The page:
Straight Edge to Cut Door

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Probably a silly question, but it has been bugging me. I need to trim about 1/8" off some door slabs that I am installing. I'd prefer to cut rather than plane or sand.
The problem is finding an 8' board that is straight. I thought I found one only to find that either it warped on the way home from Home Despot, or I am blind.
I have tried fake wood panel trim, only to find that most of it is not straight either.
Can someone suggest an economical material or product that is reasonably straight enough? I have seen a fancy saw guide that Tommy Silva used, but not sure I wanna sink the bucks into it.
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...a piece of dry wall ...?
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"Buck Turgidson" wrote in message

Most economical is the factory edge of a sheet of plywood ... it should be straight enough for your purpose and a bit of lengthwise bow won't hurt because you will be clamping it securely to the door. The problem with using it as a saw guide is placing it the precise distance back from the proposed cut line, but it can be done with precision if done carefully.
Next step up is to make a saw guide out of 1/4" plywood and the straightest angle aluminum of sufficient length that you can find.
Simply attach, with counter sunk bolts, the aluminum to the plywood, cut purposely wider than the base of your circular saw on the overhang side. Then run the circular saw along the aluminum guide, cutting of the excess plywood ... the resulting edge can now be used to line up with your proposed cut line on the door and you will be assured of reasonable precision.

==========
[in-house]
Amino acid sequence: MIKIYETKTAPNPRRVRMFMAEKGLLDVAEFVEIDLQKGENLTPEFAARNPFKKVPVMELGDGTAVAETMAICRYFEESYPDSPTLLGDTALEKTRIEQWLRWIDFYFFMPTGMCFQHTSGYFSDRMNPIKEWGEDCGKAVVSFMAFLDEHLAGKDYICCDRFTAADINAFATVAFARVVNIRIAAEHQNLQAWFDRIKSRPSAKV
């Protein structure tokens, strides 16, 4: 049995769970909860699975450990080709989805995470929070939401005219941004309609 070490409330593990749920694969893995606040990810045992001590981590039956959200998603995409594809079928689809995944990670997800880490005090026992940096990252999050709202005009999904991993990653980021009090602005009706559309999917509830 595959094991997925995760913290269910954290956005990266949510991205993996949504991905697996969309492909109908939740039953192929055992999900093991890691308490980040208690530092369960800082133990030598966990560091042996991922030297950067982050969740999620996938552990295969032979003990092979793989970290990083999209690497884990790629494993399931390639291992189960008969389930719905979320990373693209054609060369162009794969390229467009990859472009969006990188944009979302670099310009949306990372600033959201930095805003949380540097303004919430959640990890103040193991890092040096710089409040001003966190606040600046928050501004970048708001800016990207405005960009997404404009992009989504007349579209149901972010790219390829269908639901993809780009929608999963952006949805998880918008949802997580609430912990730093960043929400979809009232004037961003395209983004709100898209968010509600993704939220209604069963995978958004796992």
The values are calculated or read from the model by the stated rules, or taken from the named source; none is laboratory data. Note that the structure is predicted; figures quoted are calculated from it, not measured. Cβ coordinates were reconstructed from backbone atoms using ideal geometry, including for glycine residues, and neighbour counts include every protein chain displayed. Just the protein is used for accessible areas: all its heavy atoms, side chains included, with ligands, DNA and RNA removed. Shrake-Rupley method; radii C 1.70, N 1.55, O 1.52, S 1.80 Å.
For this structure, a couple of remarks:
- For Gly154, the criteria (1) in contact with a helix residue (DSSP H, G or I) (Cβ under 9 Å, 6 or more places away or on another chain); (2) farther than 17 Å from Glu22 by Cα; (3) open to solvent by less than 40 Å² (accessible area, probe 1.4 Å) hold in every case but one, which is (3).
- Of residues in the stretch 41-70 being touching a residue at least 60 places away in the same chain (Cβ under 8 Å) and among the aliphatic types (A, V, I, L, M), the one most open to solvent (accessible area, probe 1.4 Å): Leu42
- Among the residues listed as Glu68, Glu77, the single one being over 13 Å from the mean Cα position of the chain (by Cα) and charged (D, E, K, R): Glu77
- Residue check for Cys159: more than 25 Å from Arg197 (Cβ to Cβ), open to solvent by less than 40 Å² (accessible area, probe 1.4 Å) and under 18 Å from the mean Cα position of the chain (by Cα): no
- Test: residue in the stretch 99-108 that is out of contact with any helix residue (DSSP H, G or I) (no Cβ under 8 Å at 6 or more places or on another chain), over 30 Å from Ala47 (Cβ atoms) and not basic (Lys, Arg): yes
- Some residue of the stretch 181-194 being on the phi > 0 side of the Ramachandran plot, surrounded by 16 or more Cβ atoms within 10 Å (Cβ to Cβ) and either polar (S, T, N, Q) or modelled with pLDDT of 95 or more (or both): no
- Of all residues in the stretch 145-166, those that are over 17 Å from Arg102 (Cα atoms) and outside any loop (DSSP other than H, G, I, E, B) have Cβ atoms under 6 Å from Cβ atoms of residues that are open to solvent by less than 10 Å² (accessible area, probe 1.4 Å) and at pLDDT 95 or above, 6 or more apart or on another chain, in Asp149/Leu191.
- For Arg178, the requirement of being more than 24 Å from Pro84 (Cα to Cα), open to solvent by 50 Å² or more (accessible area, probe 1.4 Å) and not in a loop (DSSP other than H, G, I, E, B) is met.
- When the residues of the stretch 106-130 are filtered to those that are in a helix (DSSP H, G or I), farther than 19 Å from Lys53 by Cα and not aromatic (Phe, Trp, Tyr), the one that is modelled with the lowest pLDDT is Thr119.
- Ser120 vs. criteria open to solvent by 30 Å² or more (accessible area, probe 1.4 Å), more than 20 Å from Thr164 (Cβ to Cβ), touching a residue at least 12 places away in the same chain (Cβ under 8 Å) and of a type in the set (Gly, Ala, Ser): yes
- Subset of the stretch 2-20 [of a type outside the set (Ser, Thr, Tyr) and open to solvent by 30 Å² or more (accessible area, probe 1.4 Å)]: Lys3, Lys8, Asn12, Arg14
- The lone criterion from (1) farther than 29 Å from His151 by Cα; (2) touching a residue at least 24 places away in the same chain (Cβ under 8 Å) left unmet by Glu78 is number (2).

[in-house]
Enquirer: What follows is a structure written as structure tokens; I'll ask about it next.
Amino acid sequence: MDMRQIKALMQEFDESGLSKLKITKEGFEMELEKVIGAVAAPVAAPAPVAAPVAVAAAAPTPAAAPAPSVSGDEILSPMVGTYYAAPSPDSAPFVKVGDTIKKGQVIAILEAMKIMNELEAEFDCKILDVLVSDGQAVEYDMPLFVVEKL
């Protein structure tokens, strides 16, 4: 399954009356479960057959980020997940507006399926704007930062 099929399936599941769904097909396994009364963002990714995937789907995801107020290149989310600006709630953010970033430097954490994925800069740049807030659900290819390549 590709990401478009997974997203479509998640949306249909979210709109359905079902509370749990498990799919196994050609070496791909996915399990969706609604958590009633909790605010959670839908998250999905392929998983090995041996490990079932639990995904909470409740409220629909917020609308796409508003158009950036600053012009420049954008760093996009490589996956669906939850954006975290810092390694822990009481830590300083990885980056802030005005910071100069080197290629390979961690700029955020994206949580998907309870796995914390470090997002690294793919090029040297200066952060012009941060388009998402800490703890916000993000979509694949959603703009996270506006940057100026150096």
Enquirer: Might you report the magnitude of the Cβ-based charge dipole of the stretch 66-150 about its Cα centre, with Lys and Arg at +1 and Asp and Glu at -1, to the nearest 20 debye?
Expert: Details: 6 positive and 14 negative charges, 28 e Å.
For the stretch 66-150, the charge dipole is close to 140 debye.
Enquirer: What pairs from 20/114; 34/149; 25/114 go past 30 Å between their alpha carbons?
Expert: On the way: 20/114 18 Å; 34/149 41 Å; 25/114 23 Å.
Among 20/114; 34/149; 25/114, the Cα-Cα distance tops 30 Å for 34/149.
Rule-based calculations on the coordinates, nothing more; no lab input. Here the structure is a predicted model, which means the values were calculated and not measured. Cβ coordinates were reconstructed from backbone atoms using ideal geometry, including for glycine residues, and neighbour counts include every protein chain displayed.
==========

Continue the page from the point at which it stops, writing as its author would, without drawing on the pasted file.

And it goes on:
Next up is one of the commercial saw guides.
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straightest
This is the method that I am using, except for a 1-by board instead of alum. I'll look into finding some alum. Or perhaps the factory edge of plywood, over top another piece of plywood.
I also have considered using the old door itself, since it seems pretty straight.
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Using the factory edge of plywood is great. But one step more: Cut a 2" strip w/ factory edge, them fold it over onto plywood. Glue it down, FE to the inside. Make a cut using the FE, now you have something to line up w/ your cut mark
wingman wrote:

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I'm trimming about 20 solid core doors now and have found that the easiest way to do it is to use a router with a 1/2" roughing end mill.
Three passes is easiest for me, about 1/2" of depth with each pass.
For a straight edge to guide on I use a 3" wide piece of 3/4 plywood. If your saw won't give a good edge use the factory edge of the plywood to guide on. I get absolutely no splintering with this method.
http://www.use-enco.com/CGI/INSRIT?PARTPG=INLMKD&PMPXNO 89242&PMAKA=BU321-7080
RB
Buck Turgidson wrote:

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I've used a drywall T-Squre with pretty good success. Just use some clamps on each end to hold it down.